Legality refers to the nature of whether something is considered legal or not. The term may apply to forms, documents, or actions within a given jurisdiction that comply or don’t comply with the law.
Generally speaking, legality implies adherence to legal codes. Illegality on the other hand deals with the explicit breaking of the codes and statutes that apply.
It is essential that legal documents meet the right standards of legality in your state. If they don’t they will be ineffective and won’t function as intended. Below we look over how you can keep any forms you create legal and avoid mistakes that could make them invalid.
How to Make a Contract Legal
When planning a contract it is absolutely crucial that you create it so that it follows the laws of the state it will operate in primarily. This ensures it will be considered legal and effective.
To make a contract legal you should, first of all, make sure it is written down so that it meets statutory requirements (such as the Statute of Frauds). They must also adequately list and detail the following information:
- The parties involved
- The service or transaction taking place
- The dates that the agreement will run between
- How the contract may be ended legally
Finally, all legally binding documents must be signed (and/or notarized if required by the state). This clearly demonstrates that the parties have read and accepted what has been proposed and shows their willingness to carry out the agreement as stated.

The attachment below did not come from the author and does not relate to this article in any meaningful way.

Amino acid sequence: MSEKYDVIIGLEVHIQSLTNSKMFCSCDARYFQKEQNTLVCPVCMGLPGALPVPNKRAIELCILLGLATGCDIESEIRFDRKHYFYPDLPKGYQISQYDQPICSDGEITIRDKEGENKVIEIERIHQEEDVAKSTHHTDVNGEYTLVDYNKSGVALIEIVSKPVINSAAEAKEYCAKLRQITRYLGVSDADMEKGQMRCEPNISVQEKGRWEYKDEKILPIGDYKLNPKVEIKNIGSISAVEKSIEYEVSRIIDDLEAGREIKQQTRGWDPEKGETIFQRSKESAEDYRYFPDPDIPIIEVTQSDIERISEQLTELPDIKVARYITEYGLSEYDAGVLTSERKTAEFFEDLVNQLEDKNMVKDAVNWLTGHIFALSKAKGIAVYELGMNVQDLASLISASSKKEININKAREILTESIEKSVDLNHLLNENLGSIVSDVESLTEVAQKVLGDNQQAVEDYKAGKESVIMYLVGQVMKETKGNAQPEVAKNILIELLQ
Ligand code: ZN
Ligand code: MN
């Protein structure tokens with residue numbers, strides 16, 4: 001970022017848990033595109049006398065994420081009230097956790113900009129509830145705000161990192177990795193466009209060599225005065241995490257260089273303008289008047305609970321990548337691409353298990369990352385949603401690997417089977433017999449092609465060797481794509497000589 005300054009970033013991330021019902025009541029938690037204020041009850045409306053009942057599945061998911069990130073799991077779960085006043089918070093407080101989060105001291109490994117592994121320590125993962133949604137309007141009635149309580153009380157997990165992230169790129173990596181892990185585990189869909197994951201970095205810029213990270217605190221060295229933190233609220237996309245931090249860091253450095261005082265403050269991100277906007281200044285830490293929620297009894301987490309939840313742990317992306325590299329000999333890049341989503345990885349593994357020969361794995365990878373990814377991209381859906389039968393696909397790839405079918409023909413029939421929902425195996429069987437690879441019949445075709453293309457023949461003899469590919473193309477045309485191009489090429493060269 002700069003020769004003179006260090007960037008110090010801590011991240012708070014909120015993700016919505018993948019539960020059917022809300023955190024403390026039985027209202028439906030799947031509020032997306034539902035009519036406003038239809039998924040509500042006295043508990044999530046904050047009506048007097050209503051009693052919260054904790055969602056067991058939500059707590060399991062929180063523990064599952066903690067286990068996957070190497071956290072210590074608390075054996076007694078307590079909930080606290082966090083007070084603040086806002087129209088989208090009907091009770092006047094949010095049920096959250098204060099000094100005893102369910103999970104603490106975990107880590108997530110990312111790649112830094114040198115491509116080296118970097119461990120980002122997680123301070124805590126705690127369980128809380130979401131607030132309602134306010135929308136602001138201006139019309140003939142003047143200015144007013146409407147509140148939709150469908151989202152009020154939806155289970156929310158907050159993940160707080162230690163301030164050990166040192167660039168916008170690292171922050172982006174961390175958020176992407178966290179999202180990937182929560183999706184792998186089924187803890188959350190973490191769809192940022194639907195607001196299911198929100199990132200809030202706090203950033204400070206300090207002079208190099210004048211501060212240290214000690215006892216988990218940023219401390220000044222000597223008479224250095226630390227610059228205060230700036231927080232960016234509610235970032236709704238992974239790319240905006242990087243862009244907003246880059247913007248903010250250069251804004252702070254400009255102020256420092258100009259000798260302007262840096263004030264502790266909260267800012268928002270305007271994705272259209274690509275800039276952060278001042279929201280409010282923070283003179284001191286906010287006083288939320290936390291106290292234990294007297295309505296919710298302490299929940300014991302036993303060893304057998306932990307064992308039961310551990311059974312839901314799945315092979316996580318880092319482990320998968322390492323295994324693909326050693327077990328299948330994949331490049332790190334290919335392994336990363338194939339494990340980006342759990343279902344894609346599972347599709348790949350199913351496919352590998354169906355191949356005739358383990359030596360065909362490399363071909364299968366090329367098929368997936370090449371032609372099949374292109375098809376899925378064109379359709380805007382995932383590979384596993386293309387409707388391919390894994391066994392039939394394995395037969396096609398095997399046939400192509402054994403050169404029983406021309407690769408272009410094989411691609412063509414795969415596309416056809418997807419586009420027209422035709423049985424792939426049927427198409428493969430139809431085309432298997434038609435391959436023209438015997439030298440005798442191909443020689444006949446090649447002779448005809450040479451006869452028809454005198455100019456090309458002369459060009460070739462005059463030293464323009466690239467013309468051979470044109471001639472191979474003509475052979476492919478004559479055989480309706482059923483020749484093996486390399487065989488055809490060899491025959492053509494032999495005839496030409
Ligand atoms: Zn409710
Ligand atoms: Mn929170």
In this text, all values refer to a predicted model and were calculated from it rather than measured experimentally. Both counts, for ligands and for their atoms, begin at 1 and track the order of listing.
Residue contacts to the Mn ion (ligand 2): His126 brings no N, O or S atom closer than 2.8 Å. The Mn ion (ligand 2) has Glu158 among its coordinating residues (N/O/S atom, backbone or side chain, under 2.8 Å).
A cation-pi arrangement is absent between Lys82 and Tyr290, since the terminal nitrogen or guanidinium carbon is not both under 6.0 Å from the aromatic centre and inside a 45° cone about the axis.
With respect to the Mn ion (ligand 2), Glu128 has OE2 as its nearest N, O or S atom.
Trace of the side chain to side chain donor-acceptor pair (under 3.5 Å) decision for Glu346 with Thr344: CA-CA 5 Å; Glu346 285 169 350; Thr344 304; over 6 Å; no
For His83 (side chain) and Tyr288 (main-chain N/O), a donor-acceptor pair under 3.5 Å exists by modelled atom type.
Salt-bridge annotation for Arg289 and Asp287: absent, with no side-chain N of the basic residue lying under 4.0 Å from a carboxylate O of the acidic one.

What Can Negatively Affect Legality?
Enforceable contracts and legal documents must be written carefully. Any mistakes could render them ineffectual and prevent them from being fully legally binding. This, of course, is something you’ll want to avoid.
To make sure your documents work as intended, the parties named and descriptions included on the form must clearly and accurately reflect the real situation. Otherwise, you won’t be able to hold the right people adequately to account for the right reasons.
Additionally, you cannot include any terms that are illegal. If you include a clause that is not permitted under your state’s laws and statutes the document or contract will be judged unenforceable if it is brought to court for any reason.
Finally, you mustn’t force a party to sign anything unwillingly. Legal agreements may only be pursued under the free will of everyone involved and not under threat or duress.